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Verifying greenhouse gas emissions of Annex I parties: Methods we have and methods we want

Verifying greenhouse gas emissions of Annex I parties: Methods we have and methods we want Despite the hopeful prediction in the New York Times story, we are very far from being able to use satellites to verify compliance with the Kyoto Protocol's caps on greenhouse gas emissions of Annex I states. The problem is not only one of insufficiently developed or installed technology. “Satellite verification” would also mean changing the current system of reporting-and-review of state emissions, opening it up to independent scrutiny, and making it less forgiving of state evasiveness and ambiguity about emissions than it is now. Some states will be interested in this proposal and others will not. In any event, the current MRV system, built on bottom-up state reporting, will remain the dominant framework of international GHG emissions knowledge for the foreseeable future. To safeguard its own credibility, it must progressively be strengthened. In this article I outline the existing verification regime's main shortcomings and argue that the most efficient way around them is to incorporate into the current MRV system top-down (satellite and surface) measurements, resolved by modeling software at the state level, and produced by independent scientific experts in cooperation with the UNFCCC. http://www.deepdyve.com/assets/images/DeepDyve-Logo-lg.png Climate Law IOS Press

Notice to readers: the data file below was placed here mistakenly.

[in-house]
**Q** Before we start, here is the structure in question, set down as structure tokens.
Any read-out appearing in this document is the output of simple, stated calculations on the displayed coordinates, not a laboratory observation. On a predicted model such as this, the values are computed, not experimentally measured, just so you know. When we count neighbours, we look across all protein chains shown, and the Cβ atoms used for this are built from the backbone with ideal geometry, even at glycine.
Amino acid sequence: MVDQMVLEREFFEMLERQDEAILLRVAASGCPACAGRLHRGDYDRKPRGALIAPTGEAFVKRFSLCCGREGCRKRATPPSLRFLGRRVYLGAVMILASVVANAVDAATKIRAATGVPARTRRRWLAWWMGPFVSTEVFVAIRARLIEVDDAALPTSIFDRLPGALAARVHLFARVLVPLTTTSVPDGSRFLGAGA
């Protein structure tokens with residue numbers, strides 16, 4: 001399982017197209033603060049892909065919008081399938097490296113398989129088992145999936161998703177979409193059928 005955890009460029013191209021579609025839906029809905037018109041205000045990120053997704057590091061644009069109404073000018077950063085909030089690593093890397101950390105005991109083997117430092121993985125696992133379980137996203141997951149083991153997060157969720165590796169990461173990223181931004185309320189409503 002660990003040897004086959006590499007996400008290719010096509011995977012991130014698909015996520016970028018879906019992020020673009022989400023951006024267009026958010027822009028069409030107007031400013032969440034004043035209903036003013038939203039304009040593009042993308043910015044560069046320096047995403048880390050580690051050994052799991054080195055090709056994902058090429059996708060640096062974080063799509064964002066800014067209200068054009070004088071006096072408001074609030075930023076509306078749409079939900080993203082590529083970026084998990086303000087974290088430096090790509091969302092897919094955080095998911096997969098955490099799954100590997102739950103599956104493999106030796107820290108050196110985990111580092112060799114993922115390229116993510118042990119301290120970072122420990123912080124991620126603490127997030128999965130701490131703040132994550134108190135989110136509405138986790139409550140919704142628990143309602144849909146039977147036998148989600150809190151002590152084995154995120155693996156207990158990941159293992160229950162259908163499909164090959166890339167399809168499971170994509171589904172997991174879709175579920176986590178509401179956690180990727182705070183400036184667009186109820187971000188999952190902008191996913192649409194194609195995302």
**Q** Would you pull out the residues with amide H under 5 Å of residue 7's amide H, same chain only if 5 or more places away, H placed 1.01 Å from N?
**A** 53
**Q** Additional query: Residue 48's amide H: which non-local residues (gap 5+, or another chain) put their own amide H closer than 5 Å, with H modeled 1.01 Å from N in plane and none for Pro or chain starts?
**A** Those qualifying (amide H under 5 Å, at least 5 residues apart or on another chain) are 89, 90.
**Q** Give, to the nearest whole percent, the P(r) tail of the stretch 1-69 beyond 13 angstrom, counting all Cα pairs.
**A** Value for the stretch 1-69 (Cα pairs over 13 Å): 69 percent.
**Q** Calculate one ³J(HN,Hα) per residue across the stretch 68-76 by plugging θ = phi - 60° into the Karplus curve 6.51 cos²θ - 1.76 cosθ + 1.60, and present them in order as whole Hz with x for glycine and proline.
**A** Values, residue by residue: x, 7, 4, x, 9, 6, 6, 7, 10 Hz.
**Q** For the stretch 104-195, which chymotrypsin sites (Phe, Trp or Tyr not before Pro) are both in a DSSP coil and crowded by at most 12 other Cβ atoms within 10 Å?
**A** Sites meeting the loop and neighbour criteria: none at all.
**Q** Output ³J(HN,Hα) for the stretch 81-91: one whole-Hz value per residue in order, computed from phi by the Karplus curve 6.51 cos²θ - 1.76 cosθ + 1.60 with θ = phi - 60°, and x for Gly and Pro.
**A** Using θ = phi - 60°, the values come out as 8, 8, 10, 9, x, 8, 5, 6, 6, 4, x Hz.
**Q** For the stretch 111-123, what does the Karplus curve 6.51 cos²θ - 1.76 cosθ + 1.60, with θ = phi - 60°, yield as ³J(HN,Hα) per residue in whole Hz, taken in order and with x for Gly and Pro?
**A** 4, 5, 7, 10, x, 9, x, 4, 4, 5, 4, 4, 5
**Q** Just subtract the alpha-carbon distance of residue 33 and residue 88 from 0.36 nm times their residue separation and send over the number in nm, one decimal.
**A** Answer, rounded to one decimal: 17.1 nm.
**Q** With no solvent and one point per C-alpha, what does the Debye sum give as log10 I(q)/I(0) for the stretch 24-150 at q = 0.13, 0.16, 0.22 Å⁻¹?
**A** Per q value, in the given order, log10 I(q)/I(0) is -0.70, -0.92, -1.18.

Verifying greenhouse gas emissions of Annex I parties: Methods we have and methods we want

Climate Law , Volume 1 (3) – Jan 1, 2010

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Publisher
IOS Press
Copyright
Copyright © 2010 by IOS Press, Inc
ISSN
1878-6553
eISSN
1878-6561
DOI
10.3233/CL-2010-019
Publisher site
See Article on Publisher Site

Abstract

Despite the hopeful prediction in the New York Times story, we are very far from being able to use satellites to verify compliance with the Kyoto Protocol's caps on greenhouse gas emissions of Annex I states. The problem is not only one of insufficiently developed or installed technology. “Satellite verification” would also mean changing the current system of reporting-and-review of state emissions, opening it up to independent scrutiny, and making it less forgiving of state evasiveness and ambiguity about emissions than it is now. Some states will be interested in this proposal and others will not. In any event, the current MRV system, built on bottom-up state reporting, will remain the dominant framework of international GHG emissions knowledge for the foreseeable future. To safeguard its own credibility, it must progressively be strengthened. In this article I outline the existing verification regime's main shortcomings and argue that the most efficient way around them is to incorporate into the current MRV system top-down (satellite and surface) measurements, resolved by modeling software at the state level, and produced by independent scientific experts in cooperation with the UNFCCC.

Journal

Climate LawIOS Press

Published: Jan 1, 2010

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